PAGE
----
A drug for epilepsy and mental health conditions that can cause serious birth defects has been banned for women unless they agree a plan to avoid getting pregnant.
The Medicines and Healthcare Products Regulatory Agency (MHRA) has withdrawn the licence for valproate medicines in women and girls who have the potential to get pregnant.
Under the new requirements, women taking Epilim, Depakote or generic versions of sodium valproate who could become pregnant will have to be enrolled on a “pregnancy prevention programme”.
This will include an annual medication risk review with a specialist to ensure they understand the need to maintain use of contraception while on the drug, as well as having to undergo pregnancy testing.
Women on the medication will also have to sign an acknowledgement that they understand the risks of valproate, which is used as an anticonvulsant in epilepsy to prevent serious seizures, and as a mood stabiliser for conditions like bipolar disorder and depression.
Since it was introduced in the 1970s, around 20,000 children in the UK are thought to have been born with disabilities, including autism and spina bifida, due to valproate.
While the drug has carried a birth defect warning since 1974, the scale of problems caused by the medication has only come to light thanks to the efforts of campaign groups. Its use is being reviewed by the European Medicines Agency.
Earlier this year Jeremy Hunt announced that the government would launch its own review of how doctors and politicians reported and responded to the signs of serious side-effects in valproate and other treatments.
Charities said the drug, which is the third most common anti-epileptic medication, is life-changing for many sufferers, but too few people knew about its potential to harm unborn babies.
Around 40 per cent of births to mothers on valproate result in developmental disorders, and one in 10 leads to a more serious physical birth defect.
As simply halting use of the drug can have serious consequences, women are advised to speak to their GP about any changes that may be needed to their medication and management.
Carol Long, chief executive of Young Epilepsy, said the change was welcome and the regular reviews would help ensure women understand the risks of pregnancy.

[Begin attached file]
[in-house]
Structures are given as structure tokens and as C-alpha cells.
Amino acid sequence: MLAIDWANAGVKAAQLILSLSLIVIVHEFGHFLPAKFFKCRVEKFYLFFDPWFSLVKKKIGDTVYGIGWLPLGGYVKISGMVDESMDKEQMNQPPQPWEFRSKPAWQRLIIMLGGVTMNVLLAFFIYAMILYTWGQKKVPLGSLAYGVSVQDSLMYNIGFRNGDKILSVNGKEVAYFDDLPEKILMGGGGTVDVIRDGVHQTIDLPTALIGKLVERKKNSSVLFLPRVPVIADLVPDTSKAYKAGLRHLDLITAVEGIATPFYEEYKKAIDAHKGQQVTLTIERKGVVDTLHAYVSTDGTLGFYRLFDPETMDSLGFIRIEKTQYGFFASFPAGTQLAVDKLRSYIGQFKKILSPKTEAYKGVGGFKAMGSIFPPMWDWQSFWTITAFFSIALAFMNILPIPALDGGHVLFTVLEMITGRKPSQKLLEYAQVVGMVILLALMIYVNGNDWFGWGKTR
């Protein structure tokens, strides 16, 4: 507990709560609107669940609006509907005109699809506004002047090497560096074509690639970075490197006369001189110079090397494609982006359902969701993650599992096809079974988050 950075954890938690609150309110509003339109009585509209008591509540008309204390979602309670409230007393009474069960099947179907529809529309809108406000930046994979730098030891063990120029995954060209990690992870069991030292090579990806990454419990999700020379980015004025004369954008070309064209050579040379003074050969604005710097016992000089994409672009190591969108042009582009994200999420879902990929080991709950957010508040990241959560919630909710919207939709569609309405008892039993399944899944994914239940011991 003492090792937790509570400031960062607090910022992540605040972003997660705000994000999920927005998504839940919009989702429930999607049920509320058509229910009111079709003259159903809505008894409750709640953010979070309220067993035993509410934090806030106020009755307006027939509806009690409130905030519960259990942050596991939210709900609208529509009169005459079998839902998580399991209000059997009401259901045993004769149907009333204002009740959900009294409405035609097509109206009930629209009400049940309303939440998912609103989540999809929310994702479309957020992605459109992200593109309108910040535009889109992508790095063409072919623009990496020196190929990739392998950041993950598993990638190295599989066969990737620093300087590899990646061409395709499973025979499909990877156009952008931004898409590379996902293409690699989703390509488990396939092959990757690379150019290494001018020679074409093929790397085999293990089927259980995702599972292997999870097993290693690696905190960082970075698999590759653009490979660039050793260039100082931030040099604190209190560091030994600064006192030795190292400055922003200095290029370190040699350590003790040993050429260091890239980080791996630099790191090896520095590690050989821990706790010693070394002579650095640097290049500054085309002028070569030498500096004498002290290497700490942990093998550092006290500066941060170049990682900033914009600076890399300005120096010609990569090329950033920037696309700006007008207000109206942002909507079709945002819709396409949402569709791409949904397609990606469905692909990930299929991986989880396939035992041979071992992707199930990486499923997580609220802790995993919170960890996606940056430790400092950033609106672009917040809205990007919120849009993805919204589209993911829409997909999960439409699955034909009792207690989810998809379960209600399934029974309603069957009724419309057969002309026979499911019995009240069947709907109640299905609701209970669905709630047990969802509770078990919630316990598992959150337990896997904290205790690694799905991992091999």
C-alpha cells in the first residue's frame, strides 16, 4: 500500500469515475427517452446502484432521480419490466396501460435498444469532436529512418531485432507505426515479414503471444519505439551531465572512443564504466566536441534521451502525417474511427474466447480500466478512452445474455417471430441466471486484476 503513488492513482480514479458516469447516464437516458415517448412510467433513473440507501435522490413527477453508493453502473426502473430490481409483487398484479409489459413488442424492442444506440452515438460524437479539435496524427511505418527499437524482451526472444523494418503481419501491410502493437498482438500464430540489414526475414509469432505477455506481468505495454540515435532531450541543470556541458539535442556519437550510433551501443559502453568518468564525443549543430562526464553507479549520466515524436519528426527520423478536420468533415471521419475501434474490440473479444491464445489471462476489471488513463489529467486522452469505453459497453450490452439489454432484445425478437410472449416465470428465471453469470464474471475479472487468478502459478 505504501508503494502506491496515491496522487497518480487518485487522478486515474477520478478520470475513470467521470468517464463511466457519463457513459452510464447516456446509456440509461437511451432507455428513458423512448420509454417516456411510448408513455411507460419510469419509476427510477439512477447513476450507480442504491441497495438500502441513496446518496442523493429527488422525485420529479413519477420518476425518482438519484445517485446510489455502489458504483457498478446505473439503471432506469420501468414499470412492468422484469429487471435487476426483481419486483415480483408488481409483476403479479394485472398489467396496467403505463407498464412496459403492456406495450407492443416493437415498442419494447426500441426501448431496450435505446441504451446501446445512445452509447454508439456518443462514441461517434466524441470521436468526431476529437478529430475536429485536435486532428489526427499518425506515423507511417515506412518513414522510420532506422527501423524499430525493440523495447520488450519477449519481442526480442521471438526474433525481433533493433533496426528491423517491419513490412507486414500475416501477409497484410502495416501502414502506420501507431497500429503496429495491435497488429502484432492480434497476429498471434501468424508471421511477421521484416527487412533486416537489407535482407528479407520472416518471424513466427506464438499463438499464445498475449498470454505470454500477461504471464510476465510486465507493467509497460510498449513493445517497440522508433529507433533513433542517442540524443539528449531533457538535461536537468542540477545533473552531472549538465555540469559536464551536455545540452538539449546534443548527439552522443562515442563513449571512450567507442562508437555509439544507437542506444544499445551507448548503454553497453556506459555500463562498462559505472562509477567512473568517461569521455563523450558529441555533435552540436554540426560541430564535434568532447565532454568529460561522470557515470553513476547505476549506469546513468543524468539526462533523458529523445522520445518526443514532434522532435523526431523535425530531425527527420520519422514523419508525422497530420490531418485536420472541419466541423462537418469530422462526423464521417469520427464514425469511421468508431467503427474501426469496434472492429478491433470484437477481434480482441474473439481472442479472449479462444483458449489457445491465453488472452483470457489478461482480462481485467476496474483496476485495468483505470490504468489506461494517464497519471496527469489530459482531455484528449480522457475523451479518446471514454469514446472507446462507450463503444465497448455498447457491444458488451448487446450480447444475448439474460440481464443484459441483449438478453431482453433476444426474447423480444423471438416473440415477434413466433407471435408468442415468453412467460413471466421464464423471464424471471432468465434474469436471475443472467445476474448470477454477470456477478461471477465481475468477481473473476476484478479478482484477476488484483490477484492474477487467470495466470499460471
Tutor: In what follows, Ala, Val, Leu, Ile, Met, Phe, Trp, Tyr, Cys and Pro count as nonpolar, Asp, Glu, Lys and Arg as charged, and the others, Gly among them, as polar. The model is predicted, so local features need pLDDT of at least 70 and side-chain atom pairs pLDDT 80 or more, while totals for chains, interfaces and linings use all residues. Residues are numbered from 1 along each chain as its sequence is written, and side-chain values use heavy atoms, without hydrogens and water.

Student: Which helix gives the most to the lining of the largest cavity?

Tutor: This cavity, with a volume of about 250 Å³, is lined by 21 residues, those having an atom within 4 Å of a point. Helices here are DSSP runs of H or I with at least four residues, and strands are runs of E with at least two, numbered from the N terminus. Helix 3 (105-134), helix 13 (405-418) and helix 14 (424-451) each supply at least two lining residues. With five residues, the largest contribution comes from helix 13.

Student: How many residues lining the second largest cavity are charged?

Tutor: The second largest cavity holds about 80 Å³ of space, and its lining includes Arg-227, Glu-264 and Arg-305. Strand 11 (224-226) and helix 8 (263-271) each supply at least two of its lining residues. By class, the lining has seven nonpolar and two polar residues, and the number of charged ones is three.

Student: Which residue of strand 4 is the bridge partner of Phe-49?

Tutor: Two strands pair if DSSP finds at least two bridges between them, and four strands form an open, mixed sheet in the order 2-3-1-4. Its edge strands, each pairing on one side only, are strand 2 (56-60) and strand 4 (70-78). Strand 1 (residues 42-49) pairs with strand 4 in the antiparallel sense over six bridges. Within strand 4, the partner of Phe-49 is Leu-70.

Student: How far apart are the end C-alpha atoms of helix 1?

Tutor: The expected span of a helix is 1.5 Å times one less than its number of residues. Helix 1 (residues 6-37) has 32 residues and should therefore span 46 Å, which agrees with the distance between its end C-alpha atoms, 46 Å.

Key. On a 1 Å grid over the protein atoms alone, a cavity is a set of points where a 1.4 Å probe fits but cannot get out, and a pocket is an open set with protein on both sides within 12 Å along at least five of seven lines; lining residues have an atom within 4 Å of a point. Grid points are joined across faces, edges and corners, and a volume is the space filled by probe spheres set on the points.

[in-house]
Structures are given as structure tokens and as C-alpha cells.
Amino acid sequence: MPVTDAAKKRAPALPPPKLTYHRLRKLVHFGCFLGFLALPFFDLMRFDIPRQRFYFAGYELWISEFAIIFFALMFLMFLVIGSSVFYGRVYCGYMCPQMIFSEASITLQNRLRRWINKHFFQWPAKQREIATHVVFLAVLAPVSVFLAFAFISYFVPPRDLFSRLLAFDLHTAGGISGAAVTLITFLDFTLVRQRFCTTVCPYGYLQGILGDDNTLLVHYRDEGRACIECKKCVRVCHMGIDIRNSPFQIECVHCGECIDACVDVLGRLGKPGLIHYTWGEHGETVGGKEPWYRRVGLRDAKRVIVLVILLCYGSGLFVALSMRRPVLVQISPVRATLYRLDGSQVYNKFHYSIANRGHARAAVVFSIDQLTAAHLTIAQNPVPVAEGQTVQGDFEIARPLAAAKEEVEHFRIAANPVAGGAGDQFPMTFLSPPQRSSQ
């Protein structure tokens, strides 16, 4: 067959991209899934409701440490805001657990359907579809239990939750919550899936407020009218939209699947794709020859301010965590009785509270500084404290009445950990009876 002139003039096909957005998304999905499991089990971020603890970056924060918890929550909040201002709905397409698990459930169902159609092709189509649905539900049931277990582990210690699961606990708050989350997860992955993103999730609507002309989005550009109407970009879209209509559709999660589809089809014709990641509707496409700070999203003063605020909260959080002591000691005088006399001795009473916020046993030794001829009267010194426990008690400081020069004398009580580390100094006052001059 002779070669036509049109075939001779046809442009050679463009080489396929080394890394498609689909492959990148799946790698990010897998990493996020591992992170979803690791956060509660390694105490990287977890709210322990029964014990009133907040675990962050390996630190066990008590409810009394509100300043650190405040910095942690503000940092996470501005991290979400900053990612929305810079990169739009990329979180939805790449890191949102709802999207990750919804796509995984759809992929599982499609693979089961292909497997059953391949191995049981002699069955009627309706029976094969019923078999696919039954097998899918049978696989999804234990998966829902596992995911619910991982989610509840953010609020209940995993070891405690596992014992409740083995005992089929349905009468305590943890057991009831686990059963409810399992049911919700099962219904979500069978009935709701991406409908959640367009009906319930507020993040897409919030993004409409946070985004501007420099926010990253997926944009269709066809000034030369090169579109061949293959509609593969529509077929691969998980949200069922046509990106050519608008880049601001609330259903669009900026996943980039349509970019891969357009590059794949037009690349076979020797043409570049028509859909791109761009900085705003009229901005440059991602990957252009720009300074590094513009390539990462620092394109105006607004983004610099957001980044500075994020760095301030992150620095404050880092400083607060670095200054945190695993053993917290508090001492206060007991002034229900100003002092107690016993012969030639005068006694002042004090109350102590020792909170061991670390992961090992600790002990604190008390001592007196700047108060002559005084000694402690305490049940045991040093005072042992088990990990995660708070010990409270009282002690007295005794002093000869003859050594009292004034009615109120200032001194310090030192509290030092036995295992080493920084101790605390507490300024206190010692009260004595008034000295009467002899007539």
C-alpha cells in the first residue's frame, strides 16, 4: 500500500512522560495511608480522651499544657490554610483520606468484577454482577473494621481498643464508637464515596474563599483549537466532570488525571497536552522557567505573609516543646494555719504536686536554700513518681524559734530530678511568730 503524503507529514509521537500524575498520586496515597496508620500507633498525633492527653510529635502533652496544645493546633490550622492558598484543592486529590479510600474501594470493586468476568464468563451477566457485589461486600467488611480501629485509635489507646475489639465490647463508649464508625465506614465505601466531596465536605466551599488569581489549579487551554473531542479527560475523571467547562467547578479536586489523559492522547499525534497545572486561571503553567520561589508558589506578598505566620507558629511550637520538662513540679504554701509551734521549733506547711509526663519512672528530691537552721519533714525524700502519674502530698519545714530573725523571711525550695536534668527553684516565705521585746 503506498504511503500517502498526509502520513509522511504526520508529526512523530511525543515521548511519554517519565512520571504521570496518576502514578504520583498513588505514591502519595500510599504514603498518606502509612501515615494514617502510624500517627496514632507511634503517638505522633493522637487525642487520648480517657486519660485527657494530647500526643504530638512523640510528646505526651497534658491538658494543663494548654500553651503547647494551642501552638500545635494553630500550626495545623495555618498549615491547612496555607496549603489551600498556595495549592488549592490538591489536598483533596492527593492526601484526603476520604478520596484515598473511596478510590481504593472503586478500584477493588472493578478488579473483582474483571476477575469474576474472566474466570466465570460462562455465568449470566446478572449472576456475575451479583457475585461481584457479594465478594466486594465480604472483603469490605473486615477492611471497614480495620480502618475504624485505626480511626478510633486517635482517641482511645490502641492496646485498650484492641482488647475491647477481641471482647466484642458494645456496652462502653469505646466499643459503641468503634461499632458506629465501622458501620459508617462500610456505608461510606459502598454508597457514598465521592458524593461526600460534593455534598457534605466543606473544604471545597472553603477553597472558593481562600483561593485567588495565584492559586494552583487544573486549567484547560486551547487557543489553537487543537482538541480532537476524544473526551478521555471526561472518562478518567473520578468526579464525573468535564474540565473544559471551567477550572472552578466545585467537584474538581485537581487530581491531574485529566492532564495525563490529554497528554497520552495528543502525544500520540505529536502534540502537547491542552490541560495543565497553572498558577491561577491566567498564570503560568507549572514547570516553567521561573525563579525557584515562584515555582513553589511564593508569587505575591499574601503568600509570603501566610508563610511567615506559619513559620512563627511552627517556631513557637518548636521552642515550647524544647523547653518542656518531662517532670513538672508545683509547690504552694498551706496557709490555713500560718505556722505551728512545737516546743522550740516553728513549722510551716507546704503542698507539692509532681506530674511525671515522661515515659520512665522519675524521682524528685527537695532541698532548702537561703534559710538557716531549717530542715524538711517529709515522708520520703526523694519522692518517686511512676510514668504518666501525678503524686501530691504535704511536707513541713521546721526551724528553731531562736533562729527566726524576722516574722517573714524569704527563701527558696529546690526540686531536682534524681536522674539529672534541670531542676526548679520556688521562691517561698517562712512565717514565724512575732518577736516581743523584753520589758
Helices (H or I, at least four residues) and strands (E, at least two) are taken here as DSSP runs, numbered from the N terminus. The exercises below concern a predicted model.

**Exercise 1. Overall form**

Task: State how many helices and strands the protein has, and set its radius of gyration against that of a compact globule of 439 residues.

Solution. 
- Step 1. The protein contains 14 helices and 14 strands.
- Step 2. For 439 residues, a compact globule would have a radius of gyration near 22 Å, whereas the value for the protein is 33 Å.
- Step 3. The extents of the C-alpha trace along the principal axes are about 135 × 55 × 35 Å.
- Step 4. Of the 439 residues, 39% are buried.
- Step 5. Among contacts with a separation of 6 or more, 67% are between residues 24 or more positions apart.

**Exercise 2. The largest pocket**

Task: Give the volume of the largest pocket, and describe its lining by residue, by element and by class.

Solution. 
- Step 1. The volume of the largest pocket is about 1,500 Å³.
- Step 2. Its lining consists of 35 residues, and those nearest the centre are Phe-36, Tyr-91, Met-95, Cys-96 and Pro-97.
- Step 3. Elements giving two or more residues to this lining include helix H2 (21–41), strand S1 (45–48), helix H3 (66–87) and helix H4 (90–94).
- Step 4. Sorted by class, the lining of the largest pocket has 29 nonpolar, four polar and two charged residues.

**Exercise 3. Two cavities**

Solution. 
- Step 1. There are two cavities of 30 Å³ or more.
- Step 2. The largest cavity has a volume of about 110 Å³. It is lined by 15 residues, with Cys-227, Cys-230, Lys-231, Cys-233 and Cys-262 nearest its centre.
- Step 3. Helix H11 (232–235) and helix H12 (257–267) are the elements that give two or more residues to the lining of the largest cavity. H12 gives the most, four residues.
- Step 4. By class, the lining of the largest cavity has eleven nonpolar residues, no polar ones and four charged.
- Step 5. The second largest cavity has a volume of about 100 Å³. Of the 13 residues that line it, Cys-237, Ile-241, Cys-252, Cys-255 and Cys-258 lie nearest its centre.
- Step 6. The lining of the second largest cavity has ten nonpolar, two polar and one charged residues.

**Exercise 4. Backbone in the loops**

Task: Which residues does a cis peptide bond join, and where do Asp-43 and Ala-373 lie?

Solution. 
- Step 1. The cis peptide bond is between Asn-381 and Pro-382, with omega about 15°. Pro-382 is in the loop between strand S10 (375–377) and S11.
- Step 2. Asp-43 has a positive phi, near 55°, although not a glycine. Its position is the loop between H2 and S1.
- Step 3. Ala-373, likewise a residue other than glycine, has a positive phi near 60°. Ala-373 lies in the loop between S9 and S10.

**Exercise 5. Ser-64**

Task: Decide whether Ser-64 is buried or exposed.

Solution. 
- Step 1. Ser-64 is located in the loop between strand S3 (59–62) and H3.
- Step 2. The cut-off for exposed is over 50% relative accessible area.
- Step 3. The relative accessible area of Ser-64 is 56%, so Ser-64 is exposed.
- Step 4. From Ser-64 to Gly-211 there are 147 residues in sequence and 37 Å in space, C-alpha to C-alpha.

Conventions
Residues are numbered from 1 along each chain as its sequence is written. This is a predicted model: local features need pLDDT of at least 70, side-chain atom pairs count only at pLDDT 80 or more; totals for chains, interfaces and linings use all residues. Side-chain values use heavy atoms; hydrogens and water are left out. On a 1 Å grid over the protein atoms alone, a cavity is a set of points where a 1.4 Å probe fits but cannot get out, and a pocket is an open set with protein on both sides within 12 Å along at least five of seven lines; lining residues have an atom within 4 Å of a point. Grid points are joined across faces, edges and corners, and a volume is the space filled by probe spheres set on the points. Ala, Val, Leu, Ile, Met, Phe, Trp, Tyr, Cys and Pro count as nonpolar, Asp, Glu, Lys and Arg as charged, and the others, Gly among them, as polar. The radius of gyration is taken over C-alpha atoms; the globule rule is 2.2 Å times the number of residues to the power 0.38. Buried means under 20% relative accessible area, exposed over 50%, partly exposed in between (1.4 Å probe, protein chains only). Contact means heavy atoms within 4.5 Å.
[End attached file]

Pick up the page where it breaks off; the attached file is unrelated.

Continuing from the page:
“Sodium valproate can provide life-changing support for many young people with epilepsy. It is the third most prescribed anti-epilepsy medication,” she added.
“However, the percentage of women who do not know the risks of taking the drug during pregnancy is far too high.
“That information must be made clearer, and medical professionals must be given more support to understand and be proactive in flagging the risks.”
The National Institute for Health and Care Excellence (Nice) will be writing to health professionals about the changes, and they will see an alert every time they see a patient on valproate.
But there is no wider public campaign, although the warning label on medications will be updated.
Dr Angelika Wieck, from the Royal College of Psychiatrists Perinatal Faculty, said: “Managing mental health is particularly important for women who are pregnant or plan to get pregnant.”
Dr Wieck said the ban and the general changes to improve information for women taking the medication is welcome, but she added: “It cannot be stressed enough that no women should stop taking this medication without medical advice.”
Dr June Raine, director of MHRA’s division overseeing vigilance and risk management of medicines, said: “I would like to particularly thank the families involved in the Valproate Stakeholder Network who have shared their experiences and expertise with us. Their support will help keep future generations of children safe.”
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